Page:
10. Sidell N (1982) Retinoic acid-induced growth inhibition and morphologic differentia-
tion of human neuroblastoma cells in vitro. J Natl Cancer Inst 68:589–596.
11. Guzhova I, et al. (2001) Interferon-gamma cooperates with retinoic acid and phorbol
ester to induce differentiation and growth inhibition of human neuroblastoma cells.
Int J Cancer 94:97–108.
12. Bliss CI (1939) The toxicity of poisons applied jointly. Ann Appl Biol 26:585–615.
13. Keith CT, Borisy AA, Stockwell BR (2005) Multicomponent therapeutics for networked
systems. Nat Rev 4:71–78.
14. Johannessen CU (2000) Mechanisms of action of valproate: a commentatory. Neuro-
chem Int 37:103–110.
15. Goodman MT, Gurney JG, Smith MA, Olshan AF (1999) Cancer Incidence and Survival
among Children and Adolescents: United States SEER Program 1975-1995, eds Ries
LAG, et al. (National Cancer Institute, Bethesda, MD), pp 65–72.
16. Ries LAG, et al., eds (2006) SEER Cancer Statistics Review, 1975-2004 (National Cancer
Institute., Bethesda, MD).
17. Hieronymus H, et al. (2006) Gene expression signature-based chemical genomic pre-
diction identifies a novel class of HSP90 pathway modulators. Cancer Cell 10:321–330.
18. Lamb J, et al. (2006) The Connectivity Map: Using gene-expression signatures to
connect small molecules, genes, and disease. Science 313:1929–1935.
19. Cheok MH, et al. (2003) Treatment-specific changes in gene expression discriminate in
vivo drug response in human leukemia cells. Nat Genet 34:85–90.
20. Cinatl J, Jr, et al. (1997) Sodium valproate inhibits in vivo growth of human neuro-
blastoma cells. Anticancer Drugs 8:958–963.
21. Jaboin J, et al. (2002) MS-27–275, an inhibitor of histone deacetylase, has marked in vitro
and in vivo antitumor activity against pediatric solid tumors. Cancer Res 62:6108–6115.
CD95/CD95 ligand expression in human neuroblastoma. Cancer Res 59:4392–4399.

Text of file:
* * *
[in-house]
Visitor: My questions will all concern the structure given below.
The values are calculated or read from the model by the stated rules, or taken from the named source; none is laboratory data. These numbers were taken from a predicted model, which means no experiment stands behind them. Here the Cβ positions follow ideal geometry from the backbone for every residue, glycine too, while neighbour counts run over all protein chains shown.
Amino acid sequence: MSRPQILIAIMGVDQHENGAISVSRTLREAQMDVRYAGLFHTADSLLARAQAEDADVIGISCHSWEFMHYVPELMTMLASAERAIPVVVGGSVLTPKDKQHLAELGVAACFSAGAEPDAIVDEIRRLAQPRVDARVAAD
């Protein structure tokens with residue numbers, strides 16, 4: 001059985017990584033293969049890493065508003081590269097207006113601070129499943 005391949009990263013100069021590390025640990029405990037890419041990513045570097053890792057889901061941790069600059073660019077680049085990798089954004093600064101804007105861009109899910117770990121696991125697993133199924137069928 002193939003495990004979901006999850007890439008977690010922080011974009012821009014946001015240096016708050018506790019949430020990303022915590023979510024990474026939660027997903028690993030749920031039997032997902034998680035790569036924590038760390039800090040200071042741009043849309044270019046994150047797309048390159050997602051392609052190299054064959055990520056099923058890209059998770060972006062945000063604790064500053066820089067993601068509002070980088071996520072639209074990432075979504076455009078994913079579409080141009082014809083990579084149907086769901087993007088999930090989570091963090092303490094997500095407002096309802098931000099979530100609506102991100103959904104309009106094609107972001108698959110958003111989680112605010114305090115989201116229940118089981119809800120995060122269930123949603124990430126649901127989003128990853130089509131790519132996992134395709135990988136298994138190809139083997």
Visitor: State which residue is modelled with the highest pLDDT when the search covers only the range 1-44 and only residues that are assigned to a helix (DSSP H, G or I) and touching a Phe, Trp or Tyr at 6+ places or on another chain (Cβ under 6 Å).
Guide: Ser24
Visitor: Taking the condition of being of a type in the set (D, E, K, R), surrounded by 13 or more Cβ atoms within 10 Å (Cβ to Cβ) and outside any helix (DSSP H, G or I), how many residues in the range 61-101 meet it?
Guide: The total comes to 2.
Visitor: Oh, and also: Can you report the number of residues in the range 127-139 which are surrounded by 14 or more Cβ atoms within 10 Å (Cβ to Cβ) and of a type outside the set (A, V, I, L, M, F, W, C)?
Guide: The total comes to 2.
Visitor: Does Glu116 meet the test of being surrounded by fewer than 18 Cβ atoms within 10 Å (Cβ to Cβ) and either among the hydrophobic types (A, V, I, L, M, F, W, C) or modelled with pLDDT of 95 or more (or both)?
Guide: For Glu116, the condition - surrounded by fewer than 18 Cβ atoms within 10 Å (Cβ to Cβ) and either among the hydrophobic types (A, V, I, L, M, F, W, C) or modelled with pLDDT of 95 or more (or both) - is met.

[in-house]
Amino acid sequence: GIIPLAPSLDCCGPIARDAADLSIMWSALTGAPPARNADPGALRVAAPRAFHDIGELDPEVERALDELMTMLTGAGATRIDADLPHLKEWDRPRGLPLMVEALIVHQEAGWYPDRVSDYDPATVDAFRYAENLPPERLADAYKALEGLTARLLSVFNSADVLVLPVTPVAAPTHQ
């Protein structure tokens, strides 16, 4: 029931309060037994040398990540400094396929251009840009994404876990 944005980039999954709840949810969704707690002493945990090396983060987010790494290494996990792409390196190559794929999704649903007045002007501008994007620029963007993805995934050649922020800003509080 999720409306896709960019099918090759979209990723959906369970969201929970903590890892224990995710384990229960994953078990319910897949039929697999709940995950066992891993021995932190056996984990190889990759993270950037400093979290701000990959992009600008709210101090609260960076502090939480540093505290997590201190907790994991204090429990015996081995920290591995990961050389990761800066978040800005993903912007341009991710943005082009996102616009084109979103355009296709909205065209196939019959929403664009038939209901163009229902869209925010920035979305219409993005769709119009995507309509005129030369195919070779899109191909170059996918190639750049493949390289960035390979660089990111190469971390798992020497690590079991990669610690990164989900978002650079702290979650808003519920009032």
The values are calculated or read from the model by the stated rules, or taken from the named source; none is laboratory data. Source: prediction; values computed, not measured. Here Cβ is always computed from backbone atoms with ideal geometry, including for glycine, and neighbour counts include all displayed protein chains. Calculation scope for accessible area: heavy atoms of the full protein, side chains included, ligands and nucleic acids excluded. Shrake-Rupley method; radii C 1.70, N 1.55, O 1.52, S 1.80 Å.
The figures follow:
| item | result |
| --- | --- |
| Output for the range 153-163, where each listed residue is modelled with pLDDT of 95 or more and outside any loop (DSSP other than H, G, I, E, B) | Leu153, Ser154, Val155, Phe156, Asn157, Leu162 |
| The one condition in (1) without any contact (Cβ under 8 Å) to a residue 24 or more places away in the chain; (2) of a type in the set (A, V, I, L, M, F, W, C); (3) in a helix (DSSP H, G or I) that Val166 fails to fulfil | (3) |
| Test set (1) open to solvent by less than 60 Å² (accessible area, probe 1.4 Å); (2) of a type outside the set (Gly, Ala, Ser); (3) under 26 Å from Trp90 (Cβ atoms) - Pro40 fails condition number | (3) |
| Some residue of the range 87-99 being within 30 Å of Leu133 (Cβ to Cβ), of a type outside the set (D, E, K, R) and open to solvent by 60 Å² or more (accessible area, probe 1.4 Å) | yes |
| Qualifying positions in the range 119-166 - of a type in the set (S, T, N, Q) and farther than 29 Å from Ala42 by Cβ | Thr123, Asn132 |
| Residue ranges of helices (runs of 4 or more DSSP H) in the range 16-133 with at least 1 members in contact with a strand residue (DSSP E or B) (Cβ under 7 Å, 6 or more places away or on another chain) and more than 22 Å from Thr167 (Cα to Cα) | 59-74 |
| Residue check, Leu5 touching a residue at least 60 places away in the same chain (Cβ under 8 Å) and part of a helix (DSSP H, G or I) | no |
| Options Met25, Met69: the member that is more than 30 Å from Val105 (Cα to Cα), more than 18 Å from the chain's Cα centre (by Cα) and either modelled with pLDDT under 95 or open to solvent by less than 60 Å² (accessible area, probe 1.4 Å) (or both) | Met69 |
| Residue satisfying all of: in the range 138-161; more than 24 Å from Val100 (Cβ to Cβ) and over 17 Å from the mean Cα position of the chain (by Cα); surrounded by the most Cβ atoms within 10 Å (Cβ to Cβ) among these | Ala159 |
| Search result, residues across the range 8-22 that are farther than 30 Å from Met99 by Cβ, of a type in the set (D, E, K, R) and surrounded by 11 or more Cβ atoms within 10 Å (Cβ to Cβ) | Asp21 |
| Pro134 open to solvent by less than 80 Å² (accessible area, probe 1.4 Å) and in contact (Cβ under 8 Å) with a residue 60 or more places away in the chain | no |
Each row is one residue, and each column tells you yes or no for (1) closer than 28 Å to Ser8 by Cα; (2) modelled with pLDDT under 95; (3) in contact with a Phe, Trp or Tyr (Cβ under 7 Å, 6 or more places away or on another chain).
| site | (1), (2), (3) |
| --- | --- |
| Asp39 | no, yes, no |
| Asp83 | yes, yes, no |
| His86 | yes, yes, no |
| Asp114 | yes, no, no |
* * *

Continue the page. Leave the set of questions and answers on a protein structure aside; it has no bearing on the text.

23. de Ruijter AJ, et al. (2004) The novel histone deacetylase inhibitor BL1521 inhibits prolif-
24. Ouwehand K, de Ruijter AJ, van Bree C, Caron HN, van Kuilenburg AB (2005) Histone
altered expression of cell cycle proteins. FEBS Lett 579:1523–1528.
25. De los Santos M, Zambrano A, Aranda A (2007) Combined effects of retinoic acid and
histone deacetylase inhibitors on human neuroblastoma SH-SY5Y cells. Mol Cancer
26. Cinatl J, Jr, et al. (2002) Induction of differentiation and suppression of malignant
phenotype of human neuroblastoma BE(2)-C cells by valproic acid: enhancement by
combination with interferon-alpha. Int J Oncol 20:97–106.
of human neuroblastoma in vitro. Med Pediat Oncol 35:577–581.
28. Coffey DC, et al. (2001) The histone deacetylase inhibitor, CBHA, inhibits growth of
human neuroblastoma xenografts in vivo, alone and synergistically with all-trans
retinoic acid. Cancer Res 61:3591–3594.
29. Nagy L, et al. (1997) Nuclear receptor repression mediated by a complex containing
SMRT, mSin3A, and histone deacetylase. Cell 89:373–380.
30. Lutterbach B, et al. (1998) ETO, a target of t(8;21) in acute leukemia, interacts with the
N-CoR and mSin3 corepressors. Mol Cell Biol 18:7176–7184.
31. Lin RJ, Nagy L, Inoue S, Shao W, Miller WH, Jr, Evans RM (1998) Role of the histone
deacetylase complex in acute promyelocytic leukaemia. Nature 391:811–814.
32. Ferrara FF, et al. (2001) Histone deacetylase-targeted treatment restores retinoic acid
signaling and differentiation in acute myeloid leukemia. Cancer Res 61:2–7.
therapy-resistant acute promyelocytic leukemia. J Clin Invest 108:1321–1330.
34. Warrell RP, Jr, He LZ, Richon V, Calleja E, Pandolfi PP (1998) Therapeutic targeting of
lase. J Natl Cancer Inst 90:1621–1625.
35. Gessner PK (1995) Isobolographic analysis of interactions: an update on applications
and utility. Toxicology 105:161–179.
www.pnas.org?cgi?doi?10.1073?pnas.0710413105Hahn et al.